The lack of wage equality amongst genders has been well-documented for some time and, as you may have noticed, has become a staple of candidates’ speeches in election years. And rightly so, for even in 2013 women earned 84 cents for every dollar a man earned. This gap is even worse for African American women (64 cents) and Latina women (44 cents). Pay discrimination of this sort is usually easy to hide by prohibiting or discouraging employees from talking about their pay. The employee’s fear of retaliation may also help to keep this illegal activity secret. California, however, had new legislation go into effect on January 1, 2016, to further curb this kind of activity.
The Original Fair Pay Act
The California Equal Pay Act (“EPA”) was passed in 1949 and had its last update in 1985. Though it helped in addressing the issue of pay inequality, it was not perfect and presented some loopholes that companies were able to use to their advantage. One such instance was the “same establishment” provision which prevented a female working at a facility from comparing her wage to that of a male at a facility at another location. If that was not enough, employers could raise the “any bona fide factor other than sex” defense and its overly broad interpretation to provide excuses for pay discrimination. Meaning they could simply say, “we paid her less because she’s not as fast, qualified, effective, etc., and get around the requirement.
Finally, though the Labor Code has provisions protecting employees that disclose their own wages, there were no specific protections for employees inquiring about the wages of others even if it was solely for the right to be paid equally.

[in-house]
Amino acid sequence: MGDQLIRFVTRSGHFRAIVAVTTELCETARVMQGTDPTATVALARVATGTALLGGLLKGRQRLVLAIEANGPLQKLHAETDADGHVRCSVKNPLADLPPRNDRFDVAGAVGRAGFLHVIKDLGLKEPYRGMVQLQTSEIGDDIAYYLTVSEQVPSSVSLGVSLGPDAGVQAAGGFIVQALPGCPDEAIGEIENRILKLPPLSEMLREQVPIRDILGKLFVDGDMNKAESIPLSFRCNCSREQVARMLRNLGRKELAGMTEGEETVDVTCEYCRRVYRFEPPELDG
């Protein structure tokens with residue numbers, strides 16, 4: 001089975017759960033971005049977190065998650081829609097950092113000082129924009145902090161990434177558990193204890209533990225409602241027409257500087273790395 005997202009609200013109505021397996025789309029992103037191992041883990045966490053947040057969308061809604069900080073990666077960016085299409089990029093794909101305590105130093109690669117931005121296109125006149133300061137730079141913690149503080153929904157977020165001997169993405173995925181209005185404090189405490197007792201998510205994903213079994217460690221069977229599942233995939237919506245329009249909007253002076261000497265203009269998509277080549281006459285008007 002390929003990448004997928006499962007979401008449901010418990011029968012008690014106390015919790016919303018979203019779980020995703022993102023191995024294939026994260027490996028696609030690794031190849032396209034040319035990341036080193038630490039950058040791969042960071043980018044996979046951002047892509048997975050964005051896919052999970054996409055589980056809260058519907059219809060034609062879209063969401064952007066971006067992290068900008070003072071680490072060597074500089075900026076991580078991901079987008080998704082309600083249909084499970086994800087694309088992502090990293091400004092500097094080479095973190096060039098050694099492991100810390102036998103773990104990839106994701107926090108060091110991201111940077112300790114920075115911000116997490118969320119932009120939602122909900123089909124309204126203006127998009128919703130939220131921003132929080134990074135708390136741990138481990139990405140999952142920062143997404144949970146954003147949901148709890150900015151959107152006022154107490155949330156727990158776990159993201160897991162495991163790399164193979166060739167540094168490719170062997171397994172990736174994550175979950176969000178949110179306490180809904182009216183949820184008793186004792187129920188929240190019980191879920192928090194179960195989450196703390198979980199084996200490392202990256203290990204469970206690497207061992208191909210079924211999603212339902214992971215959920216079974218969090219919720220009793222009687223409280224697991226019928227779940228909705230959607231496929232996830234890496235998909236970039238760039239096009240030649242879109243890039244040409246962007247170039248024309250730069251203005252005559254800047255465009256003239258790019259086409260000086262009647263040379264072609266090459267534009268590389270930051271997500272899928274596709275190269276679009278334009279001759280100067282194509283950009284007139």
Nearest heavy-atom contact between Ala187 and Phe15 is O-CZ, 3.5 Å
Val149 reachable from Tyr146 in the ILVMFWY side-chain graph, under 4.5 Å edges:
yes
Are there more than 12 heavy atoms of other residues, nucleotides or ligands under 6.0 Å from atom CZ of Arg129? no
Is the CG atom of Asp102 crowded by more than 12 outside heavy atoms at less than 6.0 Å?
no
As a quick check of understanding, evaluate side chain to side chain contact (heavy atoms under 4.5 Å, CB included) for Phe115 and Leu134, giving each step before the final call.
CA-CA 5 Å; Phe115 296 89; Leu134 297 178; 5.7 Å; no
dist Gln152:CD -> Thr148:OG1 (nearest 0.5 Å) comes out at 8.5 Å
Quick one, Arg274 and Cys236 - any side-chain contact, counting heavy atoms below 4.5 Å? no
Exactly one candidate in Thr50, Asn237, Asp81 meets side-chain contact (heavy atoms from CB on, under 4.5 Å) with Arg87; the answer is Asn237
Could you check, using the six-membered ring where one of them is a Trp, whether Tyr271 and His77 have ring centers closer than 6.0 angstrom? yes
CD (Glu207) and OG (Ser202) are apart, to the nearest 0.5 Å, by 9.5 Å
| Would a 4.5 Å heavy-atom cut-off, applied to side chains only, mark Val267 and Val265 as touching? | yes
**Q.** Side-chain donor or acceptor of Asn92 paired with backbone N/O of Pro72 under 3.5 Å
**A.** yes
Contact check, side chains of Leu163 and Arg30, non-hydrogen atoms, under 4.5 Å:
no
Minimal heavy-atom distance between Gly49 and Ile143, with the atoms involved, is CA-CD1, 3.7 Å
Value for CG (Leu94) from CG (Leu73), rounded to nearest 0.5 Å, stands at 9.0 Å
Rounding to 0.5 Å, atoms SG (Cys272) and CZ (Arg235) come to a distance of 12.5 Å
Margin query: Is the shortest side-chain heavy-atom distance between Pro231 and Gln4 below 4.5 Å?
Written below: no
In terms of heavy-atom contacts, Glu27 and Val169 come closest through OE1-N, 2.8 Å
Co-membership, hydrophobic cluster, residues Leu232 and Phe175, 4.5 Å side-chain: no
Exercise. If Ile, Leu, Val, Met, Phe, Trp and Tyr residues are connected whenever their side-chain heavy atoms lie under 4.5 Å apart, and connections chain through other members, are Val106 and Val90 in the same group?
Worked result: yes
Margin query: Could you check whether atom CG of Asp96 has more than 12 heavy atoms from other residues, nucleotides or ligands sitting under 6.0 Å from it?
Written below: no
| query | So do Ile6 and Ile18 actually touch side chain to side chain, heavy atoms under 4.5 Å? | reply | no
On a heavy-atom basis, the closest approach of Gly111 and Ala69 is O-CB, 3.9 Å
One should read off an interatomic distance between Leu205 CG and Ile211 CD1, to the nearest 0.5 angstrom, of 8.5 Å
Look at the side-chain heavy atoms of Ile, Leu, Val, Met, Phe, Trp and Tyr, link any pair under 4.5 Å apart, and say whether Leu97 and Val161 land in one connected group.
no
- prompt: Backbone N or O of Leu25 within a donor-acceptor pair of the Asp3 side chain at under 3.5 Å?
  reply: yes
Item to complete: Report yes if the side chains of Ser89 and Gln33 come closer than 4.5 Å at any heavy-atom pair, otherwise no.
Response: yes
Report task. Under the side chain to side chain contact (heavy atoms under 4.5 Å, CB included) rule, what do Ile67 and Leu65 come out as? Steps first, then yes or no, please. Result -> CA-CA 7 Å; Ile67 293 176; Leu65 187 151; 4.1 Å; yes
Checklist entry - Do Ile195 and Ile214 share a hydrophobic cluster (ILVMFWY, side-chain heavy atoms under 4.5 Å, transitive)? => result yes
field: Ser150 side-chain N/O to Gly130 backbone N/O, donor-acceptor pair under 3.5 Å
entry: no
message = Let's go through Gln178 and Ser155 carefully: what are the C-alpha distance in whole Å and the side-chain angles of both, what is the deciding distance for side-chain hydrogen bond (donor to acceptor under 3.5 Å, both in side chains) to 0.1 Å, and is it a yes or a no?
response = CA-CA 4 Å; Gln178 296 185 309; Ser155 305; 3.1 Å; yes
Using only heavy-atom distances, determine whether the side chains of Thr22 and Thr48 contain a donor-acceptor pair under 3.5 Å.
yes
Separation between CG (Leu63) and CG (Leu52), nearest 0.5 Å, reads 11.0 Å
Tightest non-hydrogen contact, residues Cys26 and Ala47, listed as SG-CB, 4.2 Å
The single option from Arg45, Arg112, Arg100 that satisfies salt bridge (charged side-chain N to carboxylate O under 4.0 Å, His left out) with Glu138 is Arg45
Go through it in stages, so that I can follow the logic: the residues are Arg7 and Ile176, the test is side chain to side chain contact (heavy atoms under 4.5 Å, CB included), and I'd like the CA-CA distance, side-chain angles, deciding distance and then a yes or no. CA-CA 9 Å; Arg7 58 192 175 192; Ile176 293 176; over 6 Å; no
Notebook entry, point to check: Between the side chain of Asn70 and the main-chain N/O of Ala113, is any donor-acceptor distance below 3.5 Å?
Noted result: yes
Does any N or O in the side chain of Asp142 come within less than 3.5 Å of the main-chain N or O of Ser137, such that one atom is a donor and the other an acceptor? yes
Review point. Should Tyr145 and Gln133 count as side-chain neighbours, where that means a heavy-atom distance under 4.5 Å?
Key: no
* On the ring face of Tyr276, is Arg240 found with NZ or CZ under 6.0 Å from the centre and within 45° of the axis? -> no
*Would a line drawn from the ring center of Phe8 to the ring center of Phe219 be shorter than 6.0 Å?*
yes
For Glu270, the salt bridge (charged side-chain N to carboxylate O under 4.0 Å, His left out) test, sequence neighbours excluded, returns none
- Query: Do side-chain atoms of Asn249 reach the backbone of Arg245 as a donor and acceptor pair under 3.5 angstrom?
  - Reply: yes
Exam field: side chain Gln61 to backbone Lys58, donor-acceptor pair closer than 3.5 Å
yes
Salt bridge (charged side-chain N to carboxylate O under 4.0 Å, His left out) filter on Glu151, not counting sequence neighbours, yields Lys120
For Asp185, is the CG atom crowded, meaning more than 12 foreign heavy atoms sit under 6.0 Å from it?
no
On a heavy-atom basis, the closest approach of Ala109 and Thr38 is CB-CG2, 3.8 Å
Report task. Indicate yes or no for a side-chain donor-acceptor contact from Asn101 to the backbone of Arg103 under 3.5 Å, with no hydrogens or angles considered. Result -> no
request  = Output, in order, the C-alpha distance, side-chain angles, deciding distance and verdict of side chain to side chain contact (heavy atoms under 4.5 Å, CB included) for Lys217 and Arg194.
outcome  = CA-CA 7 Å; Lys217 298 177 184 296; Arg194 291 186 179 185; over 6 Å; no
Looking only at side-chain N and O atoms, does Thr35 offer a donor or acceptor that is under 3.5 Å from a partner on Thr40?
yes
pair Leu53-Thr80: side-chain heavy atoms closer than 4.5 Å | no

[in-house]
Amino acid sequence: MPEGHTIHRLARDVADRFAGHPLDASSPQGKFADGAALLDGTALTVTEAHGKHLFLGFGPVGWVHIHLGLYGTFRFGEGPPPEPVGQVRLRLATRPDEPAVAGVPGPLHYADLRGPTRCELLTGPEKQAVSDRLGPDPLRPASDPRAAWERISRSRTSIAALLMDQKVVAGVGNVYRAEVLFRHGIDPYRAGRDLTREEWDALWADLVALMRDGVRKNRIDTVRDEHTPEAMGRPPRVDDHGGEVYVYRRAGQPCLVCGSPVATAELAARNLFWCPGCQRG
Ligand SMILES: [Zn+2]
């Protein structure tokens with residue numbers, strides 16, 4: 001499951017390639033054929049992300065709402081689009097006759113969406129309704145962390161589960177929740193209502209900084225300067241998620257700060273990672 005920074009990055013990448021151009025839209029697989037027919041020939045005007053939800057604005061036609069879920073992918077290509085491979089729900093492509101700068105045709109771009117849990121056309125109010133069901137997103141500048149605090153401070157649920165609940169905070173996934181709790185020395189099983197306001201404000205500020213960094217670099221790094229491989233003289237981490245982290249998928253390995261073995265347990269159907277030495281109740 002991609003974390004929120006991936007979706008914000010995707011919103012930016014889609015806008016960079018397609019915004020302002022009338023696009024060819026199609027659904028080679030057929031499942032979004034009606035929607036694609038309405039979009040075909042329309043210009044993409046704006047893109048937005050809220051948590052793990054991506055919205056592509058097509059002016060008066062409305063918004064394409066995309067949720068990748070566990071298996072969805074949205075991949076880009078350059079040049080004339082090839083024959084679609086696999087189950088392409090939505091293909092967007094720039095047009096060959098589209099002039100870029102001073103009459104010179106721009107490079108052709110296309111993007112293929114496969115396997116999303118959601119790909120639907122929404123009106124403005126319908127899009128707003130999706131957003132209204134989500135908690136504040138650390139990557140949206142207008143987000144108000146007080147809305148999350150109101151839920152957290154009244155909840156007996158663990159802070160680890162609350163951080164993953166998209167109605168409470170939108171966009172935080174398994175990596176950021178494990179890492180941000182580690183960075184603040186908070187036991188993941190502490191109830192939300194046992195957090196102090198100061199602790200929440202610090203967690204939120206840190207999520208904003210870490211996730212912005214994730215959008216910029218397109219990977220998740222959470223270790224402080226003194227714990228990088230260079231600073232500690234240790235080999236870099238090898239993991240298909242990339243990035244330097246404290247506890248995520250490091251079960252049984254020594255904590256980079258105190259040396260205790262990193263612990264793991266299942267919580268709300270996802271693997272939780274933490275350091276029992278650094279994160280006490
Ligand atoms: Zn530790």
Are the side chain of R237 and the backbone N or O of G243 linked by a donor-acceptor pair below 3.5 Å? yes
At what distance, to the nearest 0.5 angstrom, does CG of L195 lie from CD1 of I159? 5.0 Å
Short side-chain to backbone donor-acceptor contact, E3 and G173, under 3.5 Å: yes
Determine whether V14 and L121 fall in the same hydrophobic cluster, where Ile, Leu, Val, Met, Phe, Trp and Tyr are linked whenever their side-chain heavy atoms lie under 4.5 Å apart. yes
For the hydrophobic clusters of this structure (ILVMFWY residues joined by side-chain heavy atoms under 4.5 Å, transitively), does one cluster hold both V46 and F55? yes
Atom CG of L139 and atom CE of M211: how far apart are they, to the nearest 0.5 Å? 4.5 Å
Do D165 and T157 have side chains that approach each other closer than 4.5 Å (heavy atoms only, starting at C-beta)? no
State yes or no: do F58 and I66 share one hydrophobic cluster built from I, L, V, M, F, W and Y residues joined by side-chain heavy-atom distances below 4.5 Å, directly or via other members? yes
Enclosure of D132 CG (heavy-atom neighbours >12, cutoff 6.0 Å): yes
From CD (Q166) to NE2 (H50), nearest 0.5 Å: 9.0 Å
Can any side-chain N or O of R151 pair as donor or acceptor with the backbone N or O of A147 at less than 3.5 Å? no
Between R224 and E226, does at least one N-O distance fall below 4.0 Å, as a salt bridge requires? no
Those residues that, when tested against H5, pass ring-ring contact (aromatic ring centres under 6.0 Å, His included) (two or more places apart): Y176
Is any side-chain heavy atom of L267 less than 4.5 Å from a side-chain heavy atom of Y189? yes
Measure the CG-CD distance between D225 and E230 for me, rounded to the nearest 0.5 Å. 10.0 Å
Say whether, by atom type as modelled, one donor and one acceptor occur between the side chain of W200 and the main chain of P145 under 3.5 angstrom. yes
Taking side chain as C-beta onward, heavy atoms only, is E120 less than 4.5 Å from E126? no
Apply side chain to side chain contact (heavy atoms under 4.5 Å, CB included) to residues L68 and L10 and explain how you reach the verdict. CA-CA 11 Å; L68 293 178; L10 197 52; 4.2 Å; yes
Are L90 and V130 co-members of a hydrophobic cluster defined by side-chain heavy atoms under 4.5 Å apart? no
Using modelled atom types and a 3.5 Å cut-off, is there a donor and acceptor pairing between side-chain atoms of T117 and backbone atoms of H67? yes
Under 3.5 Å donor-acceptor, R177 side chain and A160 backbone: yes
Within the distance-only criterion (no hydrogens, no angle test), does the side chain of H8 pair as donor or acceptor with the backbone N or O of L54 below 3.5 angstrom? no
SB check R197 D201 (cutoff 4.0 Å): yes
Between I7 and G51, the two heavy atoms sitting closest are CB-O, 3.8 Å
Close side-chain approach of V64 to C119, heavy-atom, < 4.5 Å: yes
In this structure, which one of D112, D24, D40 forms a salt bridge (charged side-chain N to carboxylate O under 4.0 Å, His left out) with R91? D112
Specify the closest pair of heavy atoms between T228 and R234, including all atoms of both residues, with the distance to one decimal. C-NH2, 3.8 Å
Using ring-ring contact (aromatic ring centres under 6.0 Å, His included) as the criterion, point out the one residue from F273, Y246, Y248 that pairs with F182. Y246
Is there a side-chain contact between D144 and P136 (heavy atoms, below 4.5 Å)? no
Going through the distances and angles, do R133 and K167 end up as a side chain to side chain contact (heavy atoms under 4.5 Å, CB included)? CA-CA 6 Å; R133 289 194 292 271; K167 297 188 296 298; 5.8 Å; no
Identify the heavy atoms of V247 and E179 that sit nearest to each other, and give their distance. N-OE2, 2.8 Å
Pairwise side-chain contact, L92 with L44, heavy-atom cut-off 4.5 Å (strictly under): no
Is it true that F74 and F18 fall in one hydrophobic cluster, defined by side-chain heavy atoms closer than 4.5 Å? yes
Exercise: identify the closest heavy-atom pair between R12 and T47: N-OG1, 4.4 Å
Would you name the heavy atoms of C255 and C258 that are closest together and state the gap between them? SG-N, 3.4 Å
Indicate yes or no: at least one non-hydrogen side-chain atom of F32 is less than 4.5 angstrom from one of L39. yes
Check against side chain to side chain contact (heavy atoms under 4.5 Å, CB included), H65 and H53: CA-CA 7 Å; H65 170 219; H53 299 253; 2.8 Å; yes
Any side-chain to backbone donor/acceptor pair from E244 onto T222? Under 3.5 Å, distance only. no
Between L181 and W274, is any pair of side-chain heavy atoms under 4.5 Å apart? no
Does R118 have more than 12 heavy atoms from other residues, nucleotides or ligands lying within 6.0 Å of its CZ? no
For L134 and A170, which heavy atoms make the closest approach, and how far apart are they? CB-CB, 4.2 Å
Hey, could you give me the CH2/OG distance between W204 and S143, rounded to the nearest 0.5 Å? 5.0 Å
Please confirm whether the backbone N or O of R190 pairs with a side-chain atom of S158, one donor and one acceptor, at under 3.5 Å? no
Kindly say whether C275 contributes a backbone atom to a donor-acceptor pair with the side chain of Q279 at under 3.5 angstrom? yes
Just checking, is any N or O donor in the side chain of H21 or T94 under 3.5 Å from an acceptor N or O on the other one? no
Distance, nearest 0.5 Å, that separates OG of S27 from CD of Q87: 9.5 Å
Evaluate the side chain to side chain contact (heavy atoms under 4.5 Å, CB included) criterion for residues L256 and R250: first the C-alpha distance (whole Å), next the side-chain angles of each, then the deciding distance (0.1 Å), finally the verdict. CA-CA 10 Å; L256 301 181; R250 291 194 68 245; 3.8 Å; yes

A Leaner, Meaner Fair Pay Act
The California Fair Pay Act, which went into effect this year, will help reinforce the California EPA. First, it does away with the “same establishment” requirement, so that employees performing the similar work at different locations are paid equally. Secondly, it has narrowed the “bona fide factor other than sex” defense to more specific defenses that the employer will have to use closing the ambiguous loophole from before. Finally, it explicitly prohibits retaliation or discrimination against employees who disclose, discuss, or inquire about their own or other coworkers wages for the purpose of enforcing equal pay under the California EPA.
Pay discrimination is not a fake issue brought up the sake of political debates, but a real thing occurring more than it should. If you feel as though you are not making an equal amount compared to other employees doing similar work because of your gender, call an employment lawyer.